In the stream of “reform” initiatives of the sixth government of Netanyahu, the wild bill “On taxation of donations from foreign states”, submitted by Likud MP Ariel Kelner, went unnoticed.
The Marker correspondent Meirav Arlozorov was the first to draw attention to this masterpiece of legislative thought and warned the Israelis about the consequences that Kelner’s bill would have if it were passed.
The Likud MP proposes to impose a 65% tax on all donations received by Israeli NGOs from foreign government organizations and deprive organizations that accept such contributions of the status of NPOs – that is, de facto depriving them not only of a source of income but also the ability to continue working.
The bill does not distinguish between friendly and enemy states, regarding any “foreign influence on the life of Israeli society” as deliberately hostile and directed against Israel.
Meirav Arlozorov informs the public that Israel holds the world record for foreign donations. Of the 18 billion shekels our NGOs receive, only 6 billion comes from domestic benefactors; the remaining 12 billion comes from abroad.
The share of foreign government organizations in this vast stream of donations is small, about 480 million shekels a year – of which the German government transfers 348 million to the Holocaust Survivors Relief Fund. According to the Likud bill, this fund will have to give the government two-thirds of its donations and will lose the status of a non-profit organization – that is, it will be forced to close.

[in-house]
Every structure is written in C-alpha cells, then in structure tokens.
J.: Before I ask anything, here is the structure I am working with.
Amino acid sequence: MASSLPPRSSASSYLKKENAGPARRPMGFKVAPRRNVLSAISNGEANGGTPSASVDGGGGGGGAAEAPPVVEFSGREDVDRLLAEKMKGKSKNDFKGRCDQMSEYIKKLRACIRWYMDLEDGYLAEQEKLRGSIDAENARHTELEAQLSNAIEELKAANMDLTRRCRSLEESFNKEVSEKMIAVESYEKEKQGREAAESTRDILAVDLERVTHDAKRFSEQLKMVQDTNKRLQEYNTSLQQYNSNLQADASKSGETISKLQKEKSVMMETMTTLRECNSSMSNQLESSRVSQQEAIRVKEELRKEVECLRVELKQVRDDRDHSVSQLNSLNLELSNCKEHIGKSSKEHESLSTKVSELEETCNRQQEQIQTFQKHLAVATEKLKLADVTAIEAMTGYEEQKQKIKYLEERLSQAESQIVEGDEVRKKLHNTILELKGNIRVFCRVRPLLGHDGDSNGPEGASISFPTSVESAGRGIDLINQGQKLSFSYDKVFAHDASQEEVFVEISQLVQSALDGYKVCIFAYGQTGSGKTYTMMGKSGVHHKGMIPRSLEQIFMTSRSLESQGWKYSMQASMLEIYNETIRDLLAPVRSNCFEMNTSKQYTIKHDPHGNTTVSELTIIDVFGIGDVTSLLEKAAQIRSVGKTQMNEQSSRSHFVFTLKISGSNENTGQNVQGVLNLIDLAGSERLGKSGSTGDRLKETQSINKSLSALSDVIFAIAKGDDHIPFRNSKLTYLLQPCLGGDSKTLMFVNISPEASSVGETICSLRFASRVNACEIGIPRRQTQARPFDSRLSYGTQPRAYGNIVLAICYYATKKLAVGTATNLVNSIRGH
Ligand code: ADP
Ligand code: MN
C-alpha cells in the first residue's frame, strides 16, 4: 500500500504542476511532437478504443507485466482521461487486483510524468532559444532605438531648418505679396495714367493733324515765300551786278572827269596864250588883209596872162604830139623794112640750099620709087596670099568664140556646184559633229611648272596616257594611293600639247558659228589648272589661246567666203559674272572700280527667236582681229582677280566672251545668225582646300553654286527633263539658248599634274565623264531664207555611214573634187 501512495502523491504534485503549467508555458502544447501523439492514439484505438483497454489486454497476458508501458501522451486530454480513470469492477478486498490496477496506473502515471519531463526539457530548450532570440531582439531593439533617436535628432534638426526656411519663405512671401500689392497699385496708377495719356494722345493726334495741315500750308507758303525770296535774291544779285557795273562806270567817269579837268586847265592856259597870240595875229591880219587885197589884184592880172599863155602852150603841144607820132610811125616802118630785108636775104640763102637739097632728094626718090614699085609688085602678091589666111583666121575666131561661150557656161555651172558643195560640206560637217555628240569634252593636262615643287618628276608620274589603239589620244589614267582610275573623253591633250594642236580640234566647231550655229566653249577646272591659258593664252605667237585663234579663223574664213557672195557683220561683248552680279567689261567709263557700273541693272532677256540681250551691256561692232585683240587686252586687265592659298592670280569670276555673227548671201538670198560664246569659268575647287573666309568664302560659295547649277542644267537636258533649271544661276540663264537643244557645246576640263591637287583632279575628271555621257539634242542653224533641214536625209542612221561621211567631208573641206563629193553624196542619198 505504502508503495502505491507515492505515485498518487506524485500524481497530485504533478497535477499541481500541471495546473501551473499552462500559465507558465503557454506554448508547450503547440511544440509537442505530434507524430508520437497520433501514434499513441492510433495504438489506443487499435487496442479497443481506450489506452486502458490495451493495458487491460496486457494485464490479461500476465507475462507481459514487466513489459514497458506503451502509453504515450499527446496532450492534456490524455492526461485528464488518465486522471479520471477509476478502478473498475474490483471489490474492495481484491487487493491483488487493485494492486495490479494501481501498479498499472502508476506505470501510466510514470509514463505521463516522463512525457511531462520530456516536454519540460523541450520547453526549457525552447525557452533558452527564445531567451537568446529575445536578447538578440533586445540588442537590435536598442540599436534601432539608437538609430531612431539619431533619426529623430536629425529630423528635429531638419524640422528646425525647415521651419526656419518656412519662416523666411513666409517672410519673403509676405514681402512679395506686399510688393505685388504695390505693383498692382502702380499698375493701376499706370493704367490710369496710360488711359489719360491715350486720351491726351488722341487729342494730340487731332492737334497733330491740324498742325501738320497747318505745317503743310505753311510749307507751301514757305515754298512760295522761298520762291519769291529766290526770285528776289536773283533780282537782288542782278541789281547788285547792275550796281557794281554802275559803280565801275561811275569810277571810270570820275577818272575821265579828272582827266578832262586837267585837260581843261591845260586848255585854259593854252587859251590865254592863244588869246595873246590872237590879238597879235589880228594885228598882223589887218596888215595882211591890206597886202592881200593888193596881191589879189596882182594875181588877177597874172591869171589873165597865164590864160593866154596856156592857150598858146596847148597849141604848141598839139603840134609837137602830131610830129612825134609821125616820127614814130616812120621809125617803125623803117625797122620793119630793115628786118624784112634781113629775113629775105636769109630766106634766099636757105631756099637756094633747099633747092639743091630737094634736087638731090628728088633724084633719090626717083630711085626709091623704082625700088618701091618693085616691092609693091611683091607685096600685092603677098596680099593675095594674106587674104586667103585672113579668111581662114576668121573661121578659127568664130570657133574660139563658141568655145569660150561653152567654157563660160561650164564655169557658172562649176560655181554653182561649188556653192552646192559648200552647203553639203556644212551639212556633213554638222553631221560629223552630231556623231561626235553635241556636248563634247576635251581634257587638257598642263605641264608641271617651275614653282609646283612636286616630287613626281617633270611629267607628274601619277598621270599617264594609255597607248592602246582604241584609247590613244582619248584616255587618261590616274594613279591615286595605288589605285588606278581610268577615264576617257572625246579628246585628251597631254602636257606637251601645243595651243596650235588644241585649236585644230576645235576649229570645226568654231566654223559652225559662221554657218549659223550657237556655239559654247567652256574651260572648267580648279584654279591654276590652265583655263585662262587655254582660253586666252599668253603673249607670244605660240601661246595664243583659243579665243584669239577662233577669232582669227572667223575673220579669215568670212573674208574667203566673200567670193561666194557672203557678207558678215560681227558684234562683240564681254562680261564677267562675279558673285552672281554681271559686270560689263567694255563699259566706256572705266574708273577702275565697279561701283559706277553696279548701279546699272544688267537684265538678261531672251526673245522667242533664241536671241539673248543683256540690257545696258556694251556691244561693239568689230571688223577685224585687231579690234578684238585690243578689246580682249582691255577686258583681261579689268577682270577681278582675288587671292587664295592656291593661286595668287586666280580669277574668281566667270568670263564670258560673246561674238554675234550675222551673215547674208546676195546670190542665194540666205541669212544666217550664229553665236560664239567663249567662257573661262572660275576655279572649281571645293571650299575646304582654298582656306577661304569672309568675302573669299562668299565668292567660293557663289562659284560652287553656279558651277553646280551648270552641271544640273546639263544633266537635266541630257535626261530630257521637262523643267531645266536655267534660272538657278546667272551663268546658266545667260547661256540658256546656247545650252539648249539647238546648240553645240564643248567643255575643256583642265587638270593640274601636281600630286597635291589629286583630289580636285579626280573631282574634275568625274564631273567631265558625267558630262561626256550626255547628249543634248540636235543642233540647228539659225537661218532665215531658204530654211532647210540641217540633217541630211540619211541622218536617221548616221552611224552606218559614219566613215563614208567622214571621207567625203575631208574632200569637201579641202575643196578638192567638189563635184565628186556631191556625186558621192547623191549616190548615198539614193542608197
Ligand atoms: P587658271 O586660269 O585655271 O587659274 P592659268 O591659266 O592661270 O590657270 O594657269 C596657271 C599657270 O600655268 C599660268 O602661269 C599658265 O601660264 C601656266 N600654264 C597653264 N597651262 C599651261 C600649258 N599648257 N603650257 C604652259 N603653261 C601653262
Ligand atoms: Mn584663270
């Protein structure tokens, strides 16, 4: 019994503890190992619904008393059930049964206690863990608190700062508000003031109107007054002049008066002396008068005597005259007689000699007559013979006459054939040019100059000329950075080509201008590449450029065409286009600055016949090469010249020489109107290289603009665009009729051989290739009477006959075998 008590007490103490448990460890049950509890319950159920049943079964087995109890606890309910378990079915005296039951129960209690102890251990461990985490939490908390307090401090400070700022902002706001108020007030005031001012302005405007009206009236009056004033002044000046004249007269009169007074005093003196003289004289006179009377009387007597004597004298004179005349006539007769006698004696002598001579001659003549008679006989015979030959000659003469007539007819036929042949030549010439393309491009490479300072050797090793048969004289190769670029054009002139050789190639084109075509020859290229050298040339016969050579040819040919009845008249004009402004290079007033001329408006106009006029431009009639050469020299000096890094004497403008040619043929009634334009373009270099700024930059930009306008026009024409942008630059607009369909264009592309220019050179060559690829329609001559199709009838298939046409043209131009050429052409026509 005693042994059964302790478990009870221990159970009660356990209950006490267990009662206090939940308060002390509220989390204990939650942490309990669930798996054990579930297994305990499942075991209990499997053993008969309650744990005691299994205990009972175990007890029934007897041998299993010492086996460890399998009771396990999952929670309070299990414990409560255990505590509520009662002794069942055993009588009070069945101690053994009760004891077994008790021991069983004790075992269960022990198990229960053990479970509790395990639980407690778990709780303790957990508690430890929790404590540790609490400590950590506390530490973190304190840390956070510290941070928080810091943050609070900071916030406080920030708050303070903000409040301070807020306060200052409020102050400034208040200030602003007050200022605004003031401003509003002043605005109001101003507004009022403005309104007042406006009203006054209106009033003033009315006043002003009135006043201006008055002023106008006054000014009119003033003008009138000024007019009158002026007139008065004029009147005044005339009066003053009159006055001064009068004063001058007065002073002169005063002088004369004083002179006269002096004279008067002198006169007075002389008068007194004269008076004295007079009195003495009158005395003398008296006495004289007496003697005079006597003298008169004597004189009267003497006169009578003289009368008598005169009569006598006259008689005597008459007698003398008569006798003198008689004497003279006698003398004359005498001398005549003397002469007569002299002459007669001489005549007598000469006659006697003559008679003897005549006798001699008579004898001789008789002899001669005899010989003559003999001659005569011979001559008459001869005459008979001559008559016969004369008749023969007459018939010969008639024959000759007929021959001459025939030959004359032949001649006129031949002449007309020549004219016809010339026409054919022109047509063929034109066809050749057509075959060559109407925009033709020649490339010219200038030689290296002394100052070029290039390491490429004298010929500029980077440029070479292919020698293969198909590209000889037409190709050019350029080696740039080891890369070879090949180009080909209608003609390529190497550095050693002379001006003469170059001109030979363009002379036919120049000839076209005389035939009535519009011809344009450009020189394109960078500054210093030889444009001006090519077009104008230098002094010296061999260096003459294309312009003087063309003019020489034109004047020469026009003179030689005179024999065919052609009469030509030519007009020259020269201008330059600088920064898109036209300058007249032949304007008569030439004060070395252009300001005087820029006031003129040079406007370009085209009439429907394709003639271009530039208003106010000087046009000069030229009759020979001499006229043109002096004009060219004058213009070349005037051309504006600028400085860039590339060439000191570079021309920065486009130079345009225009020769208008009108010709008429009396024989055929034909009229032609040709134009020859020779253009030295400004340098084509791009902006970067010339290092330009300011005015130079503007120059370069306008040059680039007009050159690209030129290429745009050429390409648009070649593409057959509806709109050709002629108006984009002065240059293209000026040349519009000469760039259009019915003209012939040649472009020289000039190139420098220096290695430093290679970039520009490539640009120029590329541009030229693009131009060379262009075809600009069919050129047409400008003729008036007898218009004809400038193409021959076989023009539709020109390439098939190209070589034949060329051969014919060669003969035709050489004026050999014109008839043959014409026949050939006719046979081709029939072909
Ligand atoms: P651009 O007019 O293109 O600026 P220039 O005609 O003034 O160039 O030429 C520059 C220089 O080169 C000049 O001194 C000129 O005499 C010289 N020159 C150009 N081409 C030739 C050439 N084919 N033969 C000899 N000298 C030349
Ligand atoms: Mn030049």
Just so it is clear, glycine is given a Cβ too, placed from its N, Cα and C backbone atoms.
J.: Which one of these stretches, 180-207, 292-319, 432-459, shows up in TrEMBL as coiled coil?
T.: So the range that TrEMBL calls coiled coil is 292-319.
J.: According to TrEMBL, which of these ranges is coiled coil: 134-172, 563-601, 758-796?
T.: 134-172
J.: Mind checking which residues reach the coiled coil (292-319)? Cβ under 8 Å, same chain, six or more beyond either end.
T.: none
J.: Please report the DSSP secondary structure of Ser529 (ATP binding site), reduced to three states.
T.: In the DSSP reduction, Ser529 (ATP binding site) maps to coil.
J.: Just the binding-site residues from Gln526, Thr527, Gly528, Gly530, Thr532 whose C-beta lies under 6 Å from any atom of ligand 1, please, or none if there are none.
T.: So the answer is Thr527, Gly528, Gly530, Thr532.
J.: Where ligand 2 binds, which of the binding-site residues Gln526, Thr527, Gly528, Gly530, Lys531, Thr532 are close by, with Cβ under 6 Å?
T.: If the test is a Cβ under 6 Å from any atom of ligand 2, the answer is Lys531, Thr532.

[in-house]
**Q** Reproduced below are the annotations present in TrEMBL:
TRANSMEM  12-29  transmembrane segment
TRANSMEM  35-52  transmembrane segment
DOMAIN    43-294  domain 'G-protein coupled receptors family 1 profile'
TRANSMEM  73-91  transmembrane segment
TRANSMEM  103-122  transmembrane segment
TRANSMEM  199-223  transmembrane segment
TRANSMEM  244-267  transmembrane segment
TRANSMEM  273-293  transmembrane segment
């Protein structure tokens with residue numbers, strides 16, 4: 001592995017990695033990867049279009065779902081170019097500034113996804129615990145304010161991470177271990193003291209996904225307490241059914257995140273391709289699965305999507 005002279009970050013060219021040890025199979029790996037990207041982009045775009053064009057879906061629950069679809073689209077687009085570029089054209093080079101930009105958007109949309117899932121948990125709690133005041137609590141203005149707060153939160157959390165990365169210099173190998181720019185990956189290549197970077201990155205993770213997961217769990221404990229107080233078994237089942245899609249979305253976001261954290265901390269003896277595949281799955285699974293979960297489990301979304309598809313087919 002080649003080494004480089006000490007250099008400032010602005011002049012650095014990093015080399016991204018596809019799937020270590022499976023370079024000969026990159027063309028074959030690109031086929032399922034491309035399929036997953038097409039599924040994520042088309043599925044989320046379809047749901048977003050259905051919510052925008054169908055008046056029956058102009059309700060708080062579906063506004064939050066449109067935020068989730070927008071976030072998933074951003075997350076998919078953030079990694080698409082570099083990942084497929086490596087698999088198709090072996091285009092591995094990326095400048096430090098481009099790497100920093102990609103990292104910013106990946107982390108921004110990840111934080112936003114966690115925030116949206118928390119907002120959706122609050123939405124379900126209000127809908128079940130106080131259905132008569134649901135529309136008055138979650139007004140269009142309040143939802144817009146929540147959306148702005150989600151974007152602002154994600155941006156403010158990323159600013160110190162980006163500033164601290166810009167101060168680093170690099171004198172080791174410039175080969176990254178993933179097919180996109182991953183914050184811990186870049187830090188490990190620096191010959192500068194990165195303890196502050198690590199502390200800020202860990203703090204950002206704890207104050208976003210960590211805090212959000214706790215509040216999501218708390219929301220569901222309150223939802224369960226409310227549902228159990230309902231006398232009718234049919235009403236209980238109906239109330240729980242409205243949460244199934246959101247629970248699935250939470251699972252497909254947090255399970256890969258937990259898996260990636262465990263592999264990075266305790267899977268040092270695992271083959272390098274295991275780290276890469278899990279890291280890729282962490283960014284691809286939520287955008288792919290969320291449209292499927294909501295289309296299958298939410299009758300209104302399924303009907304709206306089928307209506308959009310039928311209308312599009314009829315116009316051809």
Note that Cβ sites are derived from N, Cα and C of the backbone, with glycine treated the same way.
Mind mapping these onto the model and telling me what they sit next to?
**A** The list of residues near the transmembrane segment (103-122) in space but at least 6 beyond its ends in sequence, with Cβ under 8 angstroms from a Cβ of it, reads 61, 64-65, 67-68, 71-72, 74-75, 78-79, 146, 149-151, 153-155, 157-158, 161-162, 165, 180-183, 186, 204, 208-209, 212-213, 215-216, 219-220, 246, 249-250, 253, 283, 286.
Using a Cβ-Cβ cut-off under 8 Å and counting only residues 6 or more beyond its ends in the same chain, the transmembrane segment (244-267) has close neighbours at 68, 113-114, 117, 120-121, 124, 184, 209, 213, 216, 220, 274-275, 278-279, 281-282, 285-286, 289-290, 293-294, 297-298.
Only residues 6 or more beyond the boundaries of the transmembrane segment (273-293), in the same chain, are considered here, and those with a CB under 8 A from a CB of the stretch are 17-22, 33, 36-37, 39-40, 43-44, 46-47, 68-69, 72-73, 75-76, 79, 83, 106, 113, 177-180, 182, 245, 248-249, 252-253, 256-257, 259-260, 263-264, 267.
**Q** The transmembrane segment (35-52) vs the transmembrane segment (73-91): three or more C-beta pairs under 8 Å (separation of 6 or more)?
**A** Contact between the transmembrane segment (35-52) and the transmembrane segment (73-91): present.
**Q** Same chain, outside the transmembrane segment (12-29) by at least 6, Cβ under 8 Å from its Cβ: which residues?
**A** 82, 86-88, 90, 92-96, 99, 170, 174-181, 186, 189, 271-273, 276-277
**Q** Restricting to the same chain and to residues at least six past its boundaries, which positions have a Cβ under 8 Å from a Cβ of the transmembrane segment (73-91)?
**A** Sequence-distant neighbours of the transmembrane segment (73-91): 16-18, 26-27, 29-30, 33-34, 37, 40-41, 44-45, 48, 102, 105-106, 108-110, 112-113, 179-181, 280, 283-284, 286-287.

Israeli universities and hospitals, cultural, sports, and even religious organizations receive millions from foreign governments – 152 Israeli NGOs. Among them are about forty human rights organizations that the Likud deputy wants to close down – these NGOs protect the rights of Palestinians, African refugees, and foreign workers. The ruling coalition cannot simply declare all human rights activists as enemy agents and put them in jail, as they do in Russia. Deputy Kelner invented a way to destroy them outwardly legally without thinking about “collateral losses.”
The legislative ban on receiving aid from the governments of the United States, Germany, Britain, Canada and other allies of Israel is an entirely scandalous initiative, even by the standards of the Likud. It is hoped that Kelner’s initiative will not be promoted, although Meirav Arlozorov believes that “in our days”, it has every chance of becoming law.